We found that because the medicated feed prevented the growth of cocci in our birds it also prevented them from building their natural resistance to it. We now raise all our animals without medication. We keep them as clean as possible and watch them carefully especially in cocci season. That is in hot damp weather. It is very hard to help and animal to build resistance to cocci once they are raised on medicated feed. If you are going to take an animal off medicated feed, it would be best to do it in the winter. It is our belief that medicated feeds were made for the meat industry to address the problems they create when they overcrowd animals that are being raised for slaughter. Just my thoughts. Hope it helps.

    Gina
     
  4. Shelly

    Shelly New Member

    386
    Oct 5, 2007
    California
    I don't feed medicate feed to my breeding stock. I do feed a medicate creep feed and show stock because they are stressed more. Are babies are sold for market shows or are show by my kids. Their are around other animals that I really don't now the health history of plus just the stress from being haul every couple of weeks. When their are no longer shown no more medicate feed. If we didn't show I wouldn't worry about it. Shelly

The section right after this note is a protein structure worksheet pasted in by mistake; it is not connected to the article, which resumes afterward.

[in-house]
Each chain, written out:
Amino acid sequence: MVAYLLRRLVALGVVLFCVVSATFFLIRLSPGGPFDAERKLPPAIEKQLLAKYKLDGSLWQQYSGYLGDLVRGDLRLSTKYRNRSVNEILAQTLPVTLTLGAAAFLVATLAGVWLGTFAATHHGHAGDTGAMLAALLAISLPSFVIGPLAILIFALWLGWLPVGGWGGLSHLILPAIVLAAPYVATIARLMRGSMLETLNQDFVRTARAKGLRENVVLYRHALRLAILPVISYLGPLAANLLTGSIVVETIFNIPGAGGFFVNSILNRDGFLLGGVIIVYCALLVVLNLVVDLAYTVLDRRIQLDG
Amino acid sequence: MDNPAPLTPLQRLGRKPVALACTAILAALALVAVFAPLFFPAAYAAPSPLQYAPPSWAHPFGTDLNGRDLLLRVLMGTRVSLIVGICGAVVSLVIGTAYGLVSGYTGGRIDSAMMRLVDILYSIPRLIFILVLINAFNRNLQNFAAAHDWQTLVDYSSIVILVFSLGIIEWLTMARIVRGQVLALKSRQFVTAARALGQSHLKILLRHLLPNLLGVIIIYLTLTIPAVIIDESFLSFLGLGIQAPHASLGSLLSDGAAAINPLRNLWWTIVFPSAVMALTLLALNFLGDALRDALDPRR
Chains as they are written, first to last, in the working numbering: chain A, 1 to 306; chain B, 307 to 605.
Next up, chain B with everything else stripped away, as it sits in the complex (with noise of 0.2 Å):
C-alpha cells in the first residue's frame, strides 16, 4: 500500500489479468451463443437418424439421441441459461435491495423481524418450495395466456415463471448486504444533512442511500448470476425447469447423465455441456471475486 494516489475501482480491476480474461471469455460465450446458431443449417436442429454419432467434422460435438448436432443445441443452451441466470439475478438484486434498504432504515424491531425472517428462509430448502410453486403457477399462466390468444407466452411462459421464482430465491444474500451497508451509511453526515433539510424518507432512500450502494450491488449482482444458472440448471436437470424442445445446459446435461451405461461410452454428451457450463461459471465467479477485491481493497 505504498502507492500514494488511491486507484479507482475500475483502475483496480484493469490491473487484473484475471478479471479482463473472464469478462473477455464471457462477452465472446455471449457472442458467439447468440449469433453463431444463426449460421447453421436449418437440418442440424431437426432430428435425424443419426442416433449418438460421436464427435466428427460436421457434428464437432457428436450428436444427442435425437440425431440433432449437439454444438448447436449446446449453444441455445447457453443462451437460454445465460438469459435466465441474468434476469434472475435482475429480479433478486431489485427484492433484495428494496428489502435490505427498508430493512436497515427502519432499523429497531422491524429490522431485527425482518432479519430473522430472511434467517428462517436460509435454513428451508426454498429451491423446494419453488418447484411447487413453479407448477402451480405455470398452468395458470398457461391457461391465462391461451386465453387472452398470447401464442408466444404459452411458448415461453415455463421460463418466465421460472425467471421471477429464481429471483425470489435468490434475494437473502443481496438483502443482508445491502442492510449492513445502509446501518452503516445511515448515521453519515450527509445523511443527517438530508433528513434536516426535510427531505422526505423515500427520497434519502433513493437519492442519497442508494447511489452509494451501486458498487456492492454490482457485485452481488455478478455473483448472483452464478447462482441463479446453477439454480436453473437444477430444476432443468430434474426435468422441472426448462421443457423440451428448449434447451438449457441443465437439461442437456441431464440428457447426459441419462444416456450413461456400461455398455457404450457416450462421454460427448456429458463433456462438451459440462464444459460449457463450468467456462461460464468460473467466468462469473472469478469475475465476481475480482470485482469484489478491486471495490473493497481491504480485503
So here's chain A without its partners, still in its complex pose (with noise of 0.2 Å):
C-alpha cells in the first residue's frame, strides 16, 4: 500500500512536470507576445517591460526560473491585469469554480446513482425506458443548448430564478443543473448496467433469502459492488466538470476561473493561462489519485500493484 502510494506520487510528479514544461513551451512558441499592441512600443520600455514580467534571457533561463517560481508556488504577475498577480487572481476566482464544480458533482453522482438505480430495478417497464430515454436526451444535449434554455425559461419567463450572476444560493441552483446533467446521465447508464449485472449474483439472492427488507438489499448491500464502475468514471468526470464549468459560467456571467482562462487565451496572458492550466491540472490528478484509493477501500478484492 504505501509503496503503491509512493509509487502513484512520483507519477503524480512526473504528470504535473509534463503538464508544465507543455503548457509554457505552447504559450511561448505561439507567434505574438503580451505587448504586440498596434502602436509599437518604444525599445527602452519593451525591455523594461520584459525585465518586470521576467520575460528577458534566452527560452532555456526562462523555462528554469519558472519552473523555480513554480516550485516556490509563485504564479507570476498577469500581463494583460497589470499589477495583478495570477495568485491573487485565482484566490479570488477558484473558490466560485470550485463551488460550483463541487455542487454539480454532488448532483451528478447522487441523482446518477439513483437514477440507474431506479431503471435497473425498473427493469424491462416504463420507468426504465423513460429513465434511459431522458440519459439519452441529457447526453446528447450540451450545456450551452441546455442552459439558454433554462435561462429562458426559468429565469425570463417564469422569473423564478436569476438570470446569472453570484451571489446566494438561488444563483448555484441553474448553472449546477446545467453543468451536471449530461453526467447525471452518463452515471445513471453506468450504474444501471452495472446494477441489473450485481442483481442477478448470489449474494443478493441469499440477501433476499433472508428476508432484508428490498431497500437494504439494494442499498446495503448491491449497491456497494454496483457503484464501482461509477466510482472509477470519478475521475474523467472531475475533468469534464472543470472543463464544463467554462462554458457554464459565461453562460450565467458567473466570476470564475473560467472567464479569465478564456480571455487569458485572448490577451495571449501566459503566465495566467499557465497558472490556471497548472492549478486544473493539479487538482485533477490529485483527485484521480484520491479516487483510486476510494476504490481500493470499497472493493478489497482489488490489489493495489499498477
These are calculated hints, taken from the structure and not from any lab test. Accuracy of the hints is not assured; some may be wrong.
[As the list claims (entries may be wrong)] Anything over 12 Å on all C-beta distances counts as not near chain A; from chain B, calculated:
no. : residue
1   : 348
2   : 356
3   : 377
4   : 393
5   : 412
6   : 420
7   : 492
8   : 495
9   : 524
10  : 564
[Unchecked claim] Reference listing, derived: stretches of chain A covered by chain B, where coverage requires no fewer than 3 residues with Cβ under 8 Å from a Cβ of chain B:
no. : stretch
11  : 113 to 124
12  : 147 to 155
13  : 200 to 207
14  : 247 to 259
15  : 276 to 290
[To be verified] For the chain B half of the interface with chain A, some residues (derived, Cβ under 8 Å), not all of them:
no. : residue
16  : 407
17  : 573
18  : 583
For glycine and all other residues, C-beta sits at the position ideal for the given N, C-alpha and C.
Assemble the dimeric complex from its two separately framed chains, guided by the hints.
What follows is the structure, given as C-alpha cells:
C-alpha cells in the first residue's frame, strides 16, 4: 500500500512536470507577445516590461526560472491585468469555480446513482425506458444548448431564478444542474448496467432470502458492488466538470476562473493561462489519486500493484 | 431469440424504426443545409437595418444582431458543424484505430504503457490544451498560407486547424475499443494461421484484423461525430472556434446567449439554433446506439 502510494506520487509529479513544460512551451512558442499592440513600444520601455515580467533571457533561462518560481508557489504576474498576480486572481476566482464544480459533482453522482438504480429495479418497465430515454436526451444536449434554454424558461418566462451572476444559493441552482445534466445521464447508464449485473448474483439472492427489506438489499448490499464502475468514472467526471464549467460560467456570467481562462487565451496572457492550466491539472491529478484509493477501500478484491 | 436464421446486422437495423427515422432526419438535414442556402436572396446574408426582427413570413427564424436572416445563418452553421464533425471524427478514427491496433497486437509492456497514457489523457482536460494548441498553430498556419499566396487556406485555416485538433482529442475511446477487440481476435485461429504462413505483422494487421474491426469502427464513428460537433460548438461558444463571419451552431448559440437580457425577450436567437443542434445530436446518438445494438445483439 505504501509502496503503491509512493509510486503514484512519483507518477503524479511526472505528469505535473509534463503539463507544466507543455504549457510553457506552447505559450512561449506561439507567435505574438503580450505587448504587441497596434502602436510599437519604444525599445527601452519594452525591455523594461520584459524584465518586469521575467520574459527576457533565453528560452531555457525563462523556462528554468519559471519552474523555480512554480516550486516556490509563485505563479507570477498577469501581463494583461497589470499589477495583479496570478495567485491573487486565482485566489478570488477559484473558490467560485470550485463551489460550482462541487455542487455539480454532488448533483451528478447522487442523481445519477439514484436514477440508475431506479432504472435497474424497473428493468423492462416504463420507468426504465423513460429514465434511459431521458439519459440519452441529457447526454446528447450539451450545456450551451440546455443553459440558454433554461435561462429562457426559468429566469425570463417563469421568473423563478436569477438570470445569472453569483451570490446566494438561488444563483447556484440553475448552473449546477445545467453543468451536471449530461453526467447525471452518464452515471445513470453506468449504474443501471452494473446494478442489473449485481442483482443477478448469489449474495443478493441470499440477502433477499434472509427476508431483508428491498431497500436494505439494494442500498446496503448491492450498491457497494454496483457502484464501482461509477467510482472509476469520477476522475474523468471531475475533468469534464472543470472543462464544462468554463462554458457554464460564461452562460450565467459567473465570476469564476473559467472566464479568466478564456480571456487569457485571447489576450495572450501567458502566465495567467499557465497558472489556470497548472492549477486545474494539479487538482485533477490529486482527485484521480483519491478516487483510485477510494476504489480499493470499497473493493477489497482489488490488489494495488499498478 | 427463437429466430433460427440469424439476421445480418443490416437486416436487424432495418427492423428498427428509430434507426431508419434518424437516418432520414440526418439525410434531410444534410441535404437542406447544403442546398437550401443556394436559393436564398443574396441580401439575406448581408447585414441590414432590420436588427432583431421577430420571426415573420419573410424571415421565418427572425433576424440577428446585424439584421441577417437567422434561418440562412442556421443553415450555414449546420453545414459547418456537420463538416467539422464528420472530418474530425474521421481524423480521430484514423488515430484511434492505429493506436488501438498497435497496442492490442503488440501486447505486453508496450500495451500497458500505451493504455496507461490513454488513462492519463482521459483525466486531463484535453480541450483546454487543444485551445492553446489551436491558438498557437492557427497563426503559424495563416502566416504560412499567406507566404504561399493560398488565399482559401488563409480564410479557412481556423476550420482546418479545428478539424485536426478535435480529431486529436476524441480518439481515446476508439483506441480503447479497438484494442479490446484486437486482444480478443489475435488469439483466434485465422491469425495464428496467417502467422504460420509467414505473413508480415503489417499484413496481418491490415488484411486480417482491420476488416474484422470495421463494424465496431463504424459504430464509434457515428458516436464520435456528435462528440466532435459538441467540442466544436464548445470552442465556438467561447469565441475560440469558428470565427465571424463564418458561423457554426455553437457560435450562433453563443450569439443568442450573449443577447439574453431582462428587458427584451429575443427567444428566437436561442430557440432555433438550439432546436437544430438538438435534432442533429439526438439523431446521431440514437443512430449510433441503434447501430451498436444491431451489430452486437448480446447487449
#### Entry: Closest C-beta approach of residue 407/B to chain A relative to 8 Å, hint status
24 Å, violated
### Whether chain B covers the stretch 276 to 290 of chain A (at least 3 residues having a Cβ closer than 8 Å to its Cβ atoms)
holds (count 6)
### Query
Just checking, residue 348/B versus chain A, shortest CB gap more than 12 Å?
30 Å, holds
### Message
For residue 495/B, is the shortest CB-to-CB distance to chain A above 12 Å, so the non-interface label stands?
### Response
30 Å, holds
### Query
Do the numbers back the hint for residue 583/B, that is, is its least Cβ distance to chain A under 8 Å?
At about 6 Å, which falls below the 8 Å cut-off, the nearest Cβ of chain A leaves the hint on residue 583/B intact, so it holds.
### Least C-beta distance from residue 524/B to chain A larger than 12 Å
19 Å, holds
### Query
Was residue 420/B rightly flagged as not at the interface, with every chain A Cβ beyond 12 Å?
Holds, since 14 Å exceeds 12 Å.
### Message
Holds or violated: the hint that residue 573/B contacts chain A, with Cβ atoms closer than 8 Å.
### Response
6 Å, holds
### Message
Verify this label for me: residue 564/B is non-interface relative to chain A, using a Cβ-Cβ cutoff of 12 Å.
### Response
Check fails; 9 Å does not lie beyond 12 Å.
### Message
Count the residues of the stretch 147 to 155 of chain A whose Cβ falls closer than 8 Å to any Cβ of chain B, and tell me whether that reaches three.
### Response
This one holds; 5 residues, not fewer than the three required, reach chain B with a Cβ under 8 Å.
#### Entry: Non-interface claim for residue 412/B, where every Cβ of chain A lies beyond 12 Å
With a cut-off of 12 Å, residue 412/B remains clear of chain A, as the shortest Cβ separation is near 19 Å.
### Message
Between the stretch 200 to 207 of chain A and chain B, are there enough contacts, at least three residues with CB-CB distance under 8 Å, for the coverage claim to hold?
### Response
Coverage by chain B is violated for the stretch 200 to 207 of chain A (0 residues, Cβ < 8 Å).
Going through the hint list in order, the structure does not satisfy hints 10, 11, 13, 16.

5. zatsdeb

    zatsdeb New Member

    93
    Jan 19, 2008
    Lincoln Illinois
    after all the wonderful responses, research, and advice, we have decided not to feed the medicated feed. Especially since we have large pastures we rotate with the donkeys, and it is dry and we also milk the goats, I just don't feel comfortable with the medicated feed.
    I am glad I got such fast responses.
    I am looking forward to spring, and babies, and milking. My neighbor just had 2 goats kid, one had triplets and they lost 2 of them, but the second had twins but born during the day, it is pretty cold here, they have the heat lamps on the babies, and there are 3 babies. It just makes me excited for ours to come.
    Thanks again!!!
    Debbie